3. Participate in an ongoing conversation. If you never participate in any wall posts or tweets, people might start to wonder if you're a real person. Social media is a two-way street, and here is where things might become a little weird for you. As an Internet marketer, you're used to throwing up a sales page, or putting up an ad on Google Adwords, and just letting customers click their way into your bank account.

That's not going to work with social media. By putting yourself into the middle of a conversation, or by provoking a meaningful conversation between you and your market, you are creating awareness, prolonging your buzz, and you're showing that you are not just images on a screen.

4. Know your audience, and know how to target them. You have to understand what motivates your audience, and what their hot-buttons are. You can't sell to everyone that fogs a mirror. It won't work. Not even giants like Coke and Pepsi capture all of the market. Some people just drink water (and not bottled water, either).

5. Create actual content. There is content that is OK to read, and then there is content that really spreads around the Internet. Figure out what kind of content will really spread like wildfire, and then offer that content to your marketplace. If you can't think of anything unique, then take a hint from your competition. Somewhere on the Internet is a popular guide to something related to your niche. It was popular at one time, but the author lost interest, was bought out (and the new management changed directions with the company), or they decided to move on to another business venture.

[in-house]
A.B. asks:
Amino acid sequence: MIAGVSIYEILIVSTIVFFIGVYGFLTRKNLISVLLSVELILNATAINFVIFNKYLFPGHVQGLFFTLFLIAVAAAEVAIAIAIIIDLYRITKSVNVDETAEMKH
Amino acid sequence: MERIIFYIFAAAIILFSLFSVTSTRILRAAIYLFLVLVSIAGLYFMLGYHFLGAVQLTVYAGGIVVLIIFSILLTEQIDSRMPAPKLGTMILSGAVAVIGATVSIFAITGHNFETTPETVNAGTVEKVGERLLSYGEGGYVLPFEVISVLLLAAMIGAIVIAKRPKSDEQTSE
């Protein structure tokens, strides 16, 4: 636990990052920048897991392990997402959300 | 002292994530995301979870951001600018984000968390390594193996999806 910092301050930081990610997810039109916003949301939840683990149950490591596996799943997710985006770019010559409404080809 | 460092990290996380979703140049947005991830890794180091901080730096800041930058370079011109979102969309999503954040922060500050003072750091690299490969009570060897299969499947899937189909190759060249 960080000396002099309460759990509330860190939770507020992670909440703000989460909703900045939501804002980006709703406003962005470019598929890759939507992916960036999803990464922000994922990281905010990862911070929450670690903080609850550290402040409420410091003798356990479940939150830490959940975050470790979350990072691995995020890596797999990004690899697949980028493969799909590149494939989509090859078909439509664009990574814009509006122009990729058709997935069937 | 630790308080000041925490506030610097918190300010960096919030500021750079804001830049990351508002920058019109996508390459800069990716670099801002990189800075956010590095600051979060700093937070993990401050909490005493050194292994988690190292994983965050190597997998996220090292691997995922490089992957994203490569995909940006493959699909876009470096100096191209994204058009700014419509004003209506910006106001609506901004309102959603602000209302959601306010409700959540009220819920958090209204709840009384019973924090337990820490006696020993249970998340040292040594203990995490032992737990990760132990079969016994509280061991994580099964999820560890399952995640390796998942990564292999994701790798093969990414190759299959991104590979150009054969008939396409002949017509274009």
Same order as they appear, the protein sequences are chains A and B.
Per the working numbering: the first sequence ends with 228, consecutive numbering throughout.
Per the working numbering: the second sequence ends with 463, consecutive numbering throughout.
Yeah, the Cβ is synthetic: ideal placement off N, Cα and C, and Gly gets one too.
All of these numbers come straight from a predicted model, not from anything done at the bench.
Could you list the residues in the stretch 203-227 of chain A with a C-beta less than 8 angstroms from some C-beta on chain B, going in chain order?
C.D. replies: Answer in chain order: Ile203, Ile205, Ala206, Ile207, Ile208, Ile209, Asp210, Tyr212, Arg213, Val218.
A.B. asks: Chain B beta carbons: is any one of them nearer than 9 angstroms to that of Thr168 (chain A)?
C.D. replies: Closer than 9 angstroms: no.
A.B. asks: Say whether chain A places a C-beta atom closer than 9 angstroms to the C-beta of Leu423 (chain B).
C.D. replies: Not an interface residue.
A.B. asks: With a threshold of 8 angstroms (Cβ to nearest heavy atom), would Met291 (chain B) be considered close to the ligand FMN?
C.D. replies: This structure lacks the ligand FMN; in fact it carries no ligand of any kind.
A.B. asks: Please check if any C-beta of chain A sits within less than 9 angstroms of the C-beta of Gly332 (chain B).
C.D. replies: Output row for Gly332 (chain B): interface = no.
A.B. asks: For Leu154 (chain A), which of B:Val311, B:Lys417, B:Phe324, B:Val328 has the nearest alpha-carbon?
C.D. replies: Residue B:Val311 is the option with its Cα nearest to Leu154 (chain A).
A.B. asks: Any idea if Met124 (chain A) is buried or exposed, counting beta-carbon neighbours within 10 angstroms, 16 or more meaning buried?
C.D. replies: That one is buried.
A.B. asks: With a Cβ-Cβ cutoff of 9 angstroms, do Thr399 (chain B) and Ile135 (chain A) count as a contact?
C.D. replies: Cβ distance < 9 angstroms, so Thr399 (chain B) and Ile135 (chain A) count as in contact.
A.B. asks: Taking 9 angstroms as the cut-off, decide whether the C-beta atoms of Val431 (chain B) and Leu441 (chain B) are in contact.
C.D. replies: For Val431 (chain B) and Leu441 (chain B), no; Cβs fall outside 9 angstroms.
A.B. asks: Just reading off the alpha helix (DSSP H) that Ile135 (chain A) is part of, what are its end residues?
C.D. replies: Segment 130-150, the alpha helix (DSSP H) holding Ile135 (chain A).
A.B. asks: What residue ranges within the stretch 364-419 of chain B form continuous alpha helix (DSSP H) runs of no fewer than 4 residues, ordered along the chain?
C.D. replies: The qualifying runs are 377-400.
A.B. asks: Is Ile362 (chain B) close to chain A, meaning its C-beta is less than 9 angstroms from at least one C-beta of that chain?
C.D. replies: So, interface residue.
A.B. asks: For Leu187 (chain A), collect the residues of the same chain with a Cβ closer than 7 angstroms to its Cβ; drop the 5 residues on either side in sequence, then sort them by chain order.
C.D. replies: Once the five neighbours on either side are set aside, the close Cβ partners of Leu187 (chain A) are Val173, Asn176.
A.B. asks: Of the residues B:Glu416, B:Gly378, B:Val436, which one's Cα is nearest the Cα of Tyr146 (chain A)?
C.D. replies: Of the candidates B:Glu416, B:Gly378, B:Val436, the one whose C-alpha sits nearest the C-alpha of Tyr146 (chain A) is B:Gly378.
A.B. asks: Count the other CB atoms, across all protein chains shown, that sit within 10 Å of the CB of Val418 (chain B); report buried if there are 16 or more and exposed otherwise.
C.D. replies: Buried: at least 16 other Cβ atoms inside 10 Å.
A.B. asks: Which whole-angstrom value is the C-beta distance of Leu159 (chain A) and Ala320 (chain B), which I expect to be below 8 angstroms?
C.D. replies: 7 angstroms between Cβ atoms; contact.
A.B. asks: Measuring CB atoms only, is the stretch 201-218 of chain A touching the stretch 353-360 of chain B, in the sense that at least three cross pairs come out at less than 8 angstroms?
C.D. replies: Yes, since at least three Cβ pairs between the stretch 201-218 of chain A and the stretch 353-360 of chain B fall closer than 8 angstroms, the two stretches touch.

Find that content by searching for 404 pages in Google. These pages likely contained content. Drop those pages into the way-back machine and find out what used to be there. It might be a situation where you have to hunt for something good, but once you do find it, you can freshen it up by rewriting it and making it your own. Don't plagiarize, but instead breath new life into it. The older the material, the better, since most people have probably forgotten about "The 1997 guide to __________."

6. Be genuine. Social media is funny like that. The community doesn't like people who are fake. This means that it's not a good idea to position yourself as flawless. Everyone makes mistakes. When you make them, tell people about them. This doesn't mean you shouldn't emphasize your strengths, but you shouldn't pretend to be something you're not, either. If you allow people into your personal world, you also accomplish the goal of exposing yourself. You're a little vulnerable. This can be a good thing, since it shows people just how much of a human being you are. Being human means you're just like the people you're selling to. That's a good thing. People enjoy doing business with people they know and trust, and your marketplace may be more inclined to do business with you if they get the impression that your honest and genuine.

About the author
David Lewis
David Lewis
David C. Lewis, RFC is the owner of Twin Tier Financial. He writes extensively about personal and business finance, purpose and goal-setting, and both online and offline business marketing. Touch base with David by visiting - Read more stories from .